WASHINGTON (JTA) — The U.S. Agency for International Development signed a memorandum of understanding with its Israeli counterpart, Mashav, on Israel-U.S. cooperation in Africa.
The agreement was signed April 18 in a closed ceremony.
"We bring unique things to the table," Mashav chief Daniel Carmon told JTA in an interview. Among nations offering aid, Carmon said, Israel was virtually alone as "a developing country that started from scratch and became a developed nation."
Mashav, in existence since 1957, has training programs in agriculture and medicine in Africa, India, China and Vietnam, among other nations.
In Washington, Carmon was meeting with Latin American leaders in a bid to expand Mashav activities in that region.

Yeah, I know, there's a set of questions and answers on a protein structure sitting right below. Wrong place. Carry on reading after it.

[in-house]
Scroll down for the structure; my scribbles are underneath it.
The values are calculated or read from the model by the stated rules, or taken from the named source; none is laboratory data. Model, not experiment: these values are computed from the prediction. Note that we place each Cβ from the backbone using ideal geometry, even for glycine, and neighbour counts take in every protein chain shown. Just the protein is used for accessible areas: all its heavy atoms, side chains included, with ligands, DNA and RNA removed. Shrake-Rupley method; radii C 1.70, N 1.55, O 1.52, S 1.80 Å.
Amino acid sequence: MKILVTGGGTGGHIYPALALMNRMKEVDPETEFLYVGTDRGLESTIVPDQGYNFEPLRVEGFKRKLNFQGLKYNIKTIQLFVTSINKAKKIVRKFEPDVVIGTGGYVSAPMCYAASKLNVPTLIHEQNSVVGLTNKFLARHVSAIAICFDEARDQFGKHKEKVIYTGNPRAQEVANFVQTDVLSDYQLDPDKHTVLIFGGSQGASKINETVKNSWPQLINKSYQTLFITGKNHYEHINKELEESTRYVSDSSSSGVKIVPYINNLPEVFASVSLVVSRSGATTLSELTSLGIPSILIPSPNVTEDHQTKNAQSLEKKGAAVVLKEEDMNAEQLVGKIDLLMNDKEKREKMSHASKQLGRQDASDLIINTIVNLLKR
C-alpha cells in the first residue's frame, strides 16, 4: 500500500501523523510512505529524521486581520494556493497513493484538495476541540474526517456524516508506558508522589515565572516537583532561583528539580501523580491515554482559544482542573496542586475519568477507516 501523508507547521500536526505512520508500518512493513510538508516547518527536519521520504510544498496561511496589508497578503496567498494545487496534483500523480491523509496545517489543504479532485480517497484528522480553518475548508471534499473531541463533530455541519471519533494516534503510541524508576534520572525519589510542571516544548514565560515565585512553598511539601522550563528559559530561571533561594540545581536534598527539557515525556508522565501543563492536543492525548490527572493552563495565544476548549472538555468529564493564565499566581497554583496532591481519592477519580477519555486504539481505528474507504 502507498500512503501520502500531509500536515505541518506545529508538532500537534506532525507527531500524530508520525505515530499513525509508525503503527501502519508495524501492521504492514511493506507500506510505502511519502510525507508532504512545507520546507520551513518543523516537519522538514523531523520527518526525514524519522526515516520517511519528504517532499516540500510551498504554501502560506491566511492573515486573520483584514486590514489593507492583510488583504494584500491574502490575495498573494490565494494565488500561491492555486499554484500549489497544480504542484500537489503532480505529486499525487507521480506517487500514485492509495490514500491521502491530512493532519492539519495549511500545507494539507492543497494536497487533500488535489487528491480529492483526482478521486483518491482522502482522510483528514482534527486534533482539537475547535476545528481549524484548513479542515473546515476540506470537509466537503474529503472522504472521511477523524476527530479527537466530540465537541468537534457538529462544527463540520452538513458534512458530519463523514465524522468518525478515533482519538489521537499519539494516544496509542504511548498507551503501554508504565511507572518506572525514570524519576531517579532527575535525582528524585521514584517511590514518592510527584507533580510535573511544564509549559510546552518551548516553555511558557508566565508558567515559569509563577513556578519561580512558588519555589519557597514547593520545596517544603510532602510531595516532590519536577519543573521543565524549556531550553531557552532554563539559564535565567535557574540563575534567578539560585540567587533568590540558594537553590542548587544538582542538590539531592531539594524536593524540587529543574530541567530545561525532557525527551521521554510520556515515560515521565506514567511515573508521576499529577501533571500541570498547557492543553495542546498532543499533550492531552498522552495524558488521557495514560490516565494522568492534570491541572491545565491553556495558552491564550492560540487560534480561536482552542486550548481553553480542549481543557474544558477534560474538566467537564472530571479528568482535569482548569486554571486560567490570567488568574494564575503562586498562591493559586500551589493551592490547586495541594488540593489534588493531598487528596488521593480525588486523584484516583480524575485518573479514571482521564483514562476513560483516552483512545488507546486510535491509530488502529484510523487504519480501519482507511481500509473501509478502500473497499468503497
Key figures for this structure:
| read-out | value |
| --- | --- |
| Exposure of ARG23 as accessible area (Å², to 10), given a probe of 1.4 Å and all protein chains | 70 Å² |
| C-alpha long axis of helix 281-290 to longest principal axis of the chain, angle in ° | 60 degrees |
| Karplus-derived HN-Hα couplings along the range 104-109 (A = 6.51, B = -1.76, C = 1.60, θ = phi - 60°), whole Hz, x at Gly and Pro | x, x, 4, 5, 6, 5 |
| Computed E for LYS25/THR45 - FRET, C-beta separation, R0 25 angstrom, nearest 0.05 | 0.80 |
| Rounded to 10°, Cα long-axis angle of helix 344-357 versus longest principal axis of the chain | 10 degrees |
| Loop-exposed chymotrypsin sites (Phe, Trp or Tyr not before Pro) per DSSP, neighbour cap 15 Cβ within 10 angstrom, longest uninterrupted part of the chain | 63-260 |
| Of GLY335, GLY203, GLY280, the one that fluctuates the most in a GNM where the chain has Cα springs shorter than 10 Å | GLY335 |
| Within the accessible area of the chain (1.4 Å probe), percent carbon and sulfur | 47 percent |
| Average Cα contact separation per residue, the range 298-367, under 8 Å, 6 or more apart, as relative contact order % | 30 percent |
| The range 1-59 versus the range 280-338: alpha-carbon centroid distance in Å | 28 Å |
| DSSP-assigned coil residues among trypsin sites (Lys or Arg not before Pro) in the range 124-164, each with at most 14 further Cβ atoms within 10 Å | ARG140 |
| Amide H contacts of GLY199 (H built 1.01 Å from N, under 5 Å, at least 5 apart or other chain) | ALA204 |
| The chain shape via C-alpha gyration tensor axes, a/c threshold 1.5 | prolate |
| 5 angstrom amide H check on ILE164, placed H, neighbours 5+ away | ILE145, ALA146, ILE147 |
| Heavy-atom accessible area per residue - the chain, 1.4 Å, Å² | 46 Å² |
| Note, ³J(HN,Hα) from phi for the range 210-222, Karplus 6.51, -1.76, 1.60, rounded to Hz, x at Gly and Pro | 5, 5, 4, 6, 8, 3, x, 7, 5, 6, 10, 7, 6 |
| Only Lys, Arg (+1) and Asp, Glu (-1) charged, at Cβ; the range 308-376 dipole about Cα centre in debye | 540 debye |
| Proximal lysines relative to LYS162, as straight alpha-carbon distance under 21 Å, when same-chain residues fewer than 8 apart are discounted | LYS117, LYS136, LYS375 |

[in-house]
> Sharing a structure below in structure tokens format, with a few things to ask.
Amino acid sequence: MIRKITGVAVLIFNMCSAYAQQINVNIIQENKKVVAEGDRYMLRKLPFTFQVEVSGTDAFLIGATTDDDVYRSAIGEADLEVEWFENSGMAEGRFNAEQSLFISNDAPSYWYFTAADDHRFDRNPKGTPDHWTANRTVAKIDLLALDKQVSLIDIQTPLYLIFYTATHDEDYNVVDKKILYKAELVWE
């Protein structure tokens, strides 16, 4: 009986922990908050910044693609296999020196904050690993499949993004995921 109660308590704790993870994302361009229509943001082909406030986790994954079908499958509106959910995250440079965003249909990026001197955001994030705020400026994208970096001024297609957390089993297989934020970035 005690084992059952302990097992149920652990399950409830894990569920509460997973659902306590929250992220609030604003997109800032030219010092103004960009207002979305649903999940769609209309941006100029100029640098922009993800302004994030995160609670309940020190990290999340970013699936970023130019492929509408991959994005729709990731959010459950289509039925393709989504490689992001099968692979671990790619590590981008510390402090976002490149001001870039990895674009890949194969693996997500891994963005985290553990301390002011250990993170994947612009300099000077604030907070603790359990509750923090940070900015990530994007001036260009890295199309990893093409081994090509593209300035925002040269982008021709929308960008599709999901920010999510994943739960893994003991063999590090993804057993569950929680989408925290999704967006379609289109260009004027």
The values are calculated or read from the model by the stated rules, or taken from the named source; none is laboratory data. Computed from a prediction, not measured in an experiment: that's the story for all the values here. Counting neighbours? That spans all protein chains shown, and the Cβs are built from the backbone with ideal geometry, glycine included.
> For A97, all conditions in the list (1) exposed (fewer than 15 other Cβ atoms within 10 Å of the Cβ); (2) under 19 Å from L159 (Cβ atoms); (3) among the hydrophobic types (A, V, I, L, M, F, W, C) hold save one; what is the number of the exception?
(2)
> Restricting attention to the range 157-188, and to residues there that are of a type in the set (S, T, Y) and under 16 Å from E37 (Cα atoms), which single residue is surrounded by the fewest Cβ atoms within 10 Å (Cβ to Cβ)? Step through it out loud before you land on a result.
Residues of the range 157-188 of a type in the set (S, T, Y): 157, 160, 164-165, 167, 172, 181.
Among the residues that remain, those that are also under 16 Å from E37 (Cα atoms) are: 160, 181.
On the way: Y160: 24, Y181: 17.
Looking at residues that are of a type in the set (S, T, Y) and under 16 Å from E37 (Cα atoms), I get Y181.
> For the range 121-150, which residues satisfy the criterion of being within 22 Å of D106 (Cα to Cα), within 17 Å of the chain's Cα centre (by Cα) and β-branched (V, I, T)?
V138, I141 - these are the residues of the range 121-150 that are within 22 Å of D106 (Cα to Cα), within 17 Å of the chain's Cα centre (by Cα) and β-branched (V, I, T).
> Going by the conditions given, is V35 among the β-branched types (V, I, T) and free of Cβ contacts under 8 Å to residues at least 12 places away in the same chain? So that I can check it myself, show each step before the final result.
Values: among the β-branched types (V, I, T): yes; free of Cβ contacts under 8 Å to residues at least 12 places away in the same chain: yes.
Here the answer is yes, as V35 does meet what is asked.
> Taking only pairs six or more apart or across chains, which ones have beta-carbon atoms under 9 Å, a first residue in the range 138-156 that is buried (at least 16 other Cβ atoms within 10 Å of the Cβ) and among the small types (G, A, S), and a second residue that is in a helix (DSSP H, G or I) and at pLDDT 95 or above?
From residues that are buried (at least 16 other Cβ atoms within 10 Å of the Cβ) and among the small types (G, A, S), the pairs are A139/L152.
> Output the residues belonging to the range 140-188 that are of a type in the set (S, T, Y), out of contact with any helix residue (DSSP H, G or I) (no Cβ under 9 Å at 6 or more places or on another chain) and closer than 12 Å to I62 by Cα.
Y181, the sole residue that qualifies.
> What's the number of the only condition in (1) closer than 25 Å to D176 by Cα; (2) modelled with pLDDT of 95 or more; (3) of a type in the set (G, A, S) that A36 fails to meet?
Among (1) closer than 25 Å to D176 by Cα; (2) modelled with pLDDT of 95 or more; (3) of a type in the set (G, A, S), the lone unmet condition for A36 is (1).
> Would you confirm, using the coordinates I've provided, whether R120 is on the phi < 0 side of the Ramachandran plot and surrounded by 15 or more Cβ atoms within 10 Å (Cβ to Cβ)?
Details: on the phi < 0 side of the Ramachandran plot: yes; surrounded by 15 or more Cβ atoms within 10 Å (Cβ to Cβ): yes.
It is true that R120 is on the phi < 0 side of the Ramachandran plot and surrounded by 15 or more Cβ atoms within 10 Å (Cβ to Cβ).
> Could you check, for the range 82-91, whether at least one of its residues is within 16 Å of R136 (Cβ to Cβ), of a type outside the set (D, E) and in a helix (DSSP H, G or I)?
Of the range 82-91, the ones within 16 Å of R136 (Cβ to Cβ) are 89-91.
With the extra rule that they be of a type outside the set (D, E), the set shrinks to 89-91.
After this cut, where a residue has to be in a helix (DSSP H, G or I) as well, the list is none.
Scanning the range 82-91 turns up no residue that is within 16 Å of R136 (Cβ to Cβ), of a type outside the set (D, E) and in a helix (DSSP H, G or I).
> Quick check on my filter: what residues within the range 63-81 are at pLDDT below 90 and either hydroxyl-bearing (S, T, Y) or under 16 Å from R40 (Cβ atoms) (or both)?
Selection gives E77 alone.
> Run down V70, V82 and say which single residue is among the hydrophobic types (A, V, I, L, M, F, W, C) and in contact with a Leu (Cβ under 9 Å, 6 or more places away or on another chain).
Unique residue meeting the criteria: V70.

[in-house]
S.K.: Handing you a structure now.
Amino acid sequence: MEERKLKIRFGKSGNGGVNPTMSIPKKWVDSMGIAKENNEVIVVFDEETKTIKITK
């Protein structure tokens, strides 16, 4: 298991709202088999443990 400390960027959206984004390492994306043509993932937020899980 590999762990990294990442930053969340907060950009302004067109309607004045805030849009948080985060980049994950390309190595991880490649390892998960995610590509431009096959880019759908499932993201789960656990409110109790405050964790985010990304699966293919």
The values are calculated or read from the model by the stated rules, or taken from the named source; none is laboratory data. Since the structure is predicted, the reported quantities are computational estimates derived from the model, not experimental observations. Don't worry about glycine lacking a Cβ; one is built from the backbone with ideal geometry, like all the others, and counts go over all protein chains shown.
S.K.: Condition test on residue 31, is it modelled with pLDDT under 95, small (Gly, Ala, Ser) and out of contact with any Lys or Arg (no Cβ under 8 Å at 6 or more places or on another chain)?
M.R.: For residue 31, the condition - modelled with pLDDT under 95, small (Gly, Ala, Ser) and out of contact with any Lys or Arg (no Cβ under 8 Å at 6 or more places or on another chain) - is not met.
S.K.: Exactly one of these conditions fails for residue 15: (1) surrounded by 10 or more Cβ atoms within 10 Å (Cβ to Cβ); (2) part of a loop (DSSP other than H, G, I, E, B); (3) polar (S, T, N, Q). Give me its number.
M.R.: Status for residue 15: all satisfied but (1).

The agreement with USAID will focus on agricultural development in Uganda, Ethiopia, Tanzania and Rwanda.
The United States and Israel have cooperated on international aid since the early 1980s through the U.S.-Israel Cooperative Development Research, another program operated through USAID.
That program was launched by Rep. Howard Berman (D-Calif.), now the senior Democrat on the U.S. House of Representatives Foreign Affairs Committee. Berman was present at the latest memorandum of understanding signing.